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From Microdroplets to Microfluidics: Selective Emulsion Separation in Microfluidic Devices

Fidalgo, LM; Whyte, G; Bratton, D; Kaminski, CF; Abell, C; Huck, WTS, "From microdroplets to microfluidics: Selective emulsion separation in microfluidic devices", ANGEWANDTE CHEMIE-INTERNATIONAL EDITION 47:2042-2045(2008), DOI:10.1002/anie.200704903 pdf


Microdroplets show great promise as a new high-throughput technology in chemistry, biochemistry, and molecular biology. Microdroplets can be generated at rates in excess of several thousands per second and accurately formulated using minute amounts of small molecules, DNA, proteins, or cells. Furthermore, integrated active elements can be used to control individual droplets. With the technology for creating, dividing, fusing, interrogating, and even sorting microdroplets already developed, one of the main problems to be resolved is how to access their contents.
Droplets are naturally self-contained microreactors that prevent sample loss, diffusion, and cross-contamination, general issues that afflict traditional microfluidics. However, the isolated nature of droplets prevents physical access of their contents on-chip. Even though this does not represent a problem for many of the applications that have already been demonstrated, it limits the integration of microdroplets with other platforms. Analytical techniques such as mass spectrometry, capillary electrophoresis, and liquid chromatography have been successfully integrated with continuous-flow microfluidic devices, but their integration with microdroplets remains challenging. If the contents of microdroplets could be readily extracted on demand, the carrier fluid discarded, and the microdroplets converted into a continuous stream, microfluidic functionality could be combined with the advantages of microdroplets.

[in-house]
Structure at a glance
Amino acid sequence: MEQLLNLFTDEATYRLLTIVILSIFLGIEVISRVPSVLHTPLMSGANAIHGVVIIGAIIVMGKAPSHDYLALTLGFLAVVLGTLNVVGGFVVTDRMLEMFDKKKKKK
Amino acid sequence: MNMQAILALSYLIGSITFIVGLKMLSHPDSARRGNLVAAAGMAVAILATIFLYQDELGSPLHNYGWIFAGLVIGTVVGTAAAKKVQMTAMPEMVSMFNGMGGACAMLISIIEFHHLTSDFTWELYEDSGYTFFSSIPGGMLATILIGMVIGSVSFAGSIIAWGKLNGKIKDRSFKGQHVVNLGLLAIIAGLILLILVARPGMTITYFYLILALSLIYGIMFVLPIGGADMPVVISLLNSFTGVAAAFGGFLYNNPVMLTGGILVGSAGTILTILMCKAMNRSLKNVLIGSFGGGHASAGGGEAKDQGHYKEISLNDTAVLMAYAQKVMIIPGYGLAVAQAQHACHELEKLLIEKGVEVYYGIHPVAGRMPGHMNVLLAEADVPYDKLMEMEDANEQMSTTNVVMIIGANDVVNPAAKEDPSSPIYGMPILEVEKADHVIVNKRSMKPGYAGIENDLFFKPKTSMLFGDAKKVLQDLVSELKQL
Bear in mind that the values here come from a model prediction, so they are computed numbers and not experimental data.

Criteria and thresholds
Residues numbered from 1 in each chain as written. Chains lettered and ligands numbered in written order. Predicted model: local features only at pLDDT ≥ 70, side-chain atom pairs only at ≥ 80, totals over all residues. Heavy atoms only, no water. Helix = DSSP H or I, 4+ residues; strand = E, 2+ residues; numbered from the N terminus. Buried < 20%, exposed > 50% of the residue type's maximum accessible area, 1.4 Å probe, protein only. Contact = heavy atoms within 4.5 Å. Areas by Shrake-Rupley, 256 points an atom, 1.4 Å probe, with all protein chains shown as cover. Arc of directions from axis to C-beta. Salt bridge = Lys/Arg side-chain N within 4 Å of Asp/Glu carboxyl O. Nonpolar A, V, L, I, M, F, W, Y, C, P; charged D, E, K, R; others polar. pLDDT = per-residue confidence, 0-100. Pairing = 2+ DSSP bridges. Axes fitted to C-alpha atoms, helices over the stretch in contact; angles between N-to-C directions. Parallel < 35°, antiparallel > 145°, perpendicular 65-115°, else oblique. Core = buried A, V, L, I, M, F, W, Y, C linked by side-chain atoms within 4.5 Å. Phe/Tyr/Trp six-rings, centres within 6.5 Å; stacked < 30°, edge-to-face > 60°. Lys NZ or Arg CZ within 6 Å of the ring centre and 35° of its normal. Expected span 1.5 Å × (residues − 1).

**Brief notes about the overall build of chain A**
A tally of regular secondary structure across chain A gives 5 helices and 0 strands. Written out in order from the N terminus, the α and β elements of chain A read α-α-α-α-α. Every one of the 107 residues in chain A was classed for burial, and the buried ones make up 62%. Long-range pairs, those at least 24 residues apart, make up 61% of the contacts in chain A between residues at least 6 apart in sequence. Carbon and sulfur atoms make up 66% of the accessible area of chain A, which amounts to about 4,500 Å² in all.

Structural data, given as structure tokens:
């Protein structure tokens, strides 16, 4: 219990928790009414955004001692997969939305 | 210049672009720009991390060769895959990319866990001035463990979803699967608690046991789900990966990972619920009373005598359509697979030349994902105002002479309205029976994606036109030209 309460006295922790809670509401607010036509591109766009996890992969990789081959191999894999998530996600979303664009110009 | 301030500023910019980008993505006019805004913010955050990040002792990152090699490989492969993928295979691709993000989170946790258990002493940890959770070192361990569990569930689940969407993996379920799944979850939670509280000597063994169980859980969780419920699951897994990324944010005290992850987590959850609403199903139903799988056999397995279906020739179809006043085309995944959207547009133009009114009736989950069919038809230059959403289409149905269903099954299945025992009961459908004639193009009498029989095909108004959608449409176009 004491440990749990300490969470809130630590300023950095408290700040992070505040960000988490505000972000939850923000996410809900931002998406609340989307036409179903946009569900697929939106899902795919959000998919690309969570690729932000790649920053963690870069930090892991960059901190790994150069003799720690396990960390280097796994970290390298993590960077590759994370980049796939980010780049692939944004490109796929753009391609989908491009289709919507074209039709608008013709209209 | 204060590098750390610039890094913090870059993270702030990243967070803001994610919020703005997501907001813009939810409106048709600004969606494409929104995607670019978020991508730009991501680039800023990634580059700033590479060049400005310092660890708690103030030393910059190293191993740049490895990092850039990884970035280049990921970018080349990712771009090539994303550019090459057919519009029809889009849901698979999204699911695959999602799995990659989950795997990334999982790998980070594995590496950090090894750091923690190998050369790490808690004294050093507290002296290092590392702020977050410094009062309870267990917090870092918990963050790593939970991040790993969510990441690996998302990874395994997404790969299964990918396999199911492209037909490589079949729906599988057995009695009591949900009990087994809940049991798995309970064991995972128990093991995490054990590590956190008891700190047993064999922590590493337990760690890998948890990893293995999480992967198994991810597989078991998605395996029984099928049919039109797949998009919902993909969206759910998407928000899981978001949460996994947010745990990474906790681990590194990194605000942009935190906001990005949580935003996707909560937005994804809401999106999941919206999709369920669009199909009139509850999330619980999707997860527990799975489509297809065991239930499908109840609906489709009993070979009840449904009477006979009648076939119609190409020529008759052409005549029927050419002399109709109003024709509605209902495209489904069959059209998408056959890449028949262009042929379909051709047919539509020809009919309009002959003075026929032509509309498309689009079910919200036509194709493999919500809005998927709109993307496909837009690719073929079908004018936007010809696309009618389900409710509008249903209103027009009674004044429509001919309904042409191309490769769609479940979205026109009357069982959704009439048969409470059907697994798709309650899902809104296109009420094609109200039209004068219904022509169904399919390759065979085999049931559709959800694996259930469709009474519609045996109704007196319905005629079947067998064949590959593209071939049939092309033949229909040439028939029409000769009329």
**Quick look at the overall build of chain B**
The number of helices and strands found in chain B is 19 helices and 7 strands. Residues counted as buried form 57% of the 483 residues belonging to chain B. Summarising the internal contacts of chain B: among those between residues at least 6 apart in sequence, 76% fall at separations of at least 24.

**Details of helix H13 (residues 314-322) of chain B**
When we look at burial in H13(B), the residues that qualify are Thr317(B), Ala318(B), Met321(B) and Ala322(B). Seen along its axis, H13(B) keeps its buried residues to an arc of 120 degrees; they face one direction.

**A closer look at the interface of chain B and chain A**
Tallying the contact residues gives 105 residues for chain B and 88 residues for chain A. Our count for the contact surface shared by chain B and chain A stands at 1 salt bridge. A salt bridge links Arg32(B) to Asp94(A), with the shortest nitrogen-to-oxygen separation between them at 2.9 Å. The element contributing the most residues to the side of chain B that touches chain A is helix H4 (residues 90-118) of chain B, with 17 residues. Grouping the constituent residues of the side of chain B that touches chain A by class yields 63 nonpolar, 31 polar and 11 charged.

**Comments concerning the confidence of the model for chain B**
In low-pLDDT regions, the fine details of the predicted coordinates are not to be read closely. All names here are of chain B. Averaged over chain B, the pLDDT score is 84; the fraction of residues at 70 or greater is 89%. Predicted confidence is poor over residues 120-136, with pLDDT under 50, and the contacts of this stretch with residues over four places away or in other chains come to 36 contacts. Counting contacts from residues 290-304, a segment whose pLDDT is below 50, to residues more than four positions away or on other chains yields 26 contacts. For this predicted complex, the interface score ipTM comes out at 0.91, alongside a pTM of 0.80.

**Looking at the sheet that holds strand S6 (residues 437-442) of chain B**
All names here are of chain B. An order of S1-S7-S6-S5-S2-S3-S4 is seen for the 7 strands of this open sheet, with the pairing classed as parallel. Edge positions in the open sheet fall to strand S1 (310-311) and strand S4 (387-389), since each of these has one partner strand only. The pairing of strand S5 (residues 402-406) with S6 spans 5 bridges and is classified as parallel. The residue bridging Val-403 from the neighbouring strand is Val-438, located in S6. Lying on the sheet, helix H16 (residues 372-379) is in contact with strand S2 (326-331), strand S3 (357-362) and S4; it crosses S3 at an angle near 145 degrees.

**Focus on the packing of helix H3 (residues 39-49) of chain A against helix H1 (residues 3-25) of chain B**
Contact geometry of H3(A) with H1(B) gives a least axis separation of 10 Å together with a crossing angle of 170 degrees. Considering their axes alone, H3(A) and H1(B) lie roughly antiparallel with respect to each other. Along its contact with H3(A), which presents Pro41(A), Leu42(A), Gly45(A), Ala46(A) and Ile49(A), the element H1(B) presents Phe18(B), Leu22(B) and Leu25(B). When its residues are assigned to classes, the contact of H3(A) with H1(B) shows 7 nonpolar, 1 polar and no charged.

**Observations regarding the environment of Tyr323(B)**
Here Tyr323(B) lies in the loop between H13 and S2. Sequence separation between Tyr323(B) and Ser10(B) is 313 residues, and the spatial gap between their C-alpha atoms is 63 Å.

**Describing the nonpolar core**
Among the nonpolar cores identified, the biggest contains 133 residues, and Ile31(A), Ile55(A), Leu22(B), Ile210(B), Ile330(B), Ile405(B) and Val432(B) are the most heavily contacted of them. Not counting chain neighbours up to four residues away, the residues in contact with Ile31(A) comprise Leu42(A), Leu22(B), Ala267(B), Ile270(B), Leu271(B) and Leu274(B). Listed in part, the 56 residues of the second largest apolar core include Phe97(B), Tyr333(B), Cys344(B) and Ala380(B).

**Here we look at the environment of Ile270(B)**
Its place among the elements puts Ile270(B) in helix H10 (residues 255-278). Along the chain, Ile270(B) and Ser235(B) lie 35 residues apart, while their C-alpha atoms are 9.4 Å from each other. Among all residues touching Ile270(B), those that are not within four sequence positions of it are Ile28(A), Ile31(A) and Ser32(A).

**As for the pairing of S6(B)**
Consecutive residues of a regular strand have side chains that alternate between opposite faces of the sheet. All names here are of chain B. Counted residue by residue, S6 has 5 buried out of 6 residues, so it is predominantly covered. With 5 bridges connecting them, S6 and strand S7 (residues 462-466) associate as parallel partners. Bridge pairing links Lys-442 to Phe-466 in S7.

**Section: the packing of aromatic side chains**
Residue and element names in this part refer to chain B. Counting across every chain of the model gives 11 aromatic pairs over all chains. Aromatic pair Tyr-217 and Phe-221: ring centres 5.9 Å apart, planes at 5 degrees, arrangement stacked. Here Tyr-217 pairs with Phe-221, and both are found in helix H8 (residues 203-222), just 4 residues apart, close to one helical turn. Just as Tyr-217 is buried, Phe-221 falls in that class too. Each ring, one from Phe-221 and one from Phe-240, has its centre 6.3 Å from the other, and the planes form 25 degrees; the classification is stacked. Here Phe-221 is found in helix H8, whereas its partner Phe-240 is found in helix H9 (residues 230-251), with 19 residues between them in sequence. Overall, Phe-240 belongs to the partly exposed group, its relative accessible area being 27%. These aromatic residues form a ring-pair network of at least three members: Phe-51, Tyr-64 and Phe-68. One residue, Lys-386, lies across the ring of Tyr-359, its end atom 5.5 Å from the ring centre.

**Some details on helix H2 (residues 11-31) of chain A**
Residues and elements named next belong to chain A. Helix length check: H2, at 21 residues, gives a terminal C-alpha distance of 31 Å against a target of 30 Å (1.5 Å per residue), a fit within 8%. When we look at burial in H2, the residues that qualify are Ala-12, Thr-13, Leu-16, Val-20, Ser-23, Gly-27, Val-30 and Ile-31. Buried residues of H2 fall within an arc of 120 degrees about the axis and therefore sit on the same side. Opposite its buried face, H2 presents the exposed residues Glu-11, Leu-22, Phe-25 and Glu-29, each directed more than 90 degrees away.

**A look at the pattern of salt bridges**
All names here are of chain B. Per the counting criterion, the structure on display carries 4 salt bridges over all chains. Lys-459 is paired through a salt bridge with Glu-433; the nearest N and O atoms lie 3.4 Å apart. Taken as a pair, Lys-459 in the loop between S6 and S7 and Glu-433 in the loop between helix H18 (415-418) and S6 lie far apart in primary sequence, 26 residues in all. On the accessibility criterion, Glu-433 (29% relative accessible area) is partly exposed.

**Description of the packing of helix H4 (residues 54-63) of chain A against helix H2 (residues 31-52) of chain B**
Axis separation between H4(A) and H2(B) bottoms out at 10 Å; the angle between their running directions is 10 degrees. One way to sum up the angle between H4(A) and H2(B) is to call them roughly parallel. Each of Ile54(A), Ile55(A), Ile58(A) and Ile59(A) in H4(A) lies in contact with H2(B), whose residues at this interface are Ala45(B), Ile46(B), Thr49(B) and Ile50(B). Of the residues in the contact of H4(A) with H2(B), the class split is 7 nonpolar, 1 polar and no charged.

In this paper we present a technology that bridges the fields of microdroplets and continuous-flow microfluidics by extracting on-chip the contents of microdroplets and incorporating them into a continuous stream. The extraction is achieved through electrocoalescence: droplets are forced to coalesce with an aqueous stream by application of an electric field across the channel. The extraction is controlled through the voltage applied at microfabricated electrodes on each side of the channel and can be performed in a continuous or discrete fashion. The discrete collection of droplets can be controlled by an external electrical signal related to the contents of the droplets. As a proof of principle, we have implemented a fluorescence intensity based detection system to control the collection of the droplets, resulting in a device capable of selectively incorporating the contents of droplets of interest to a continuous microfluidic stream.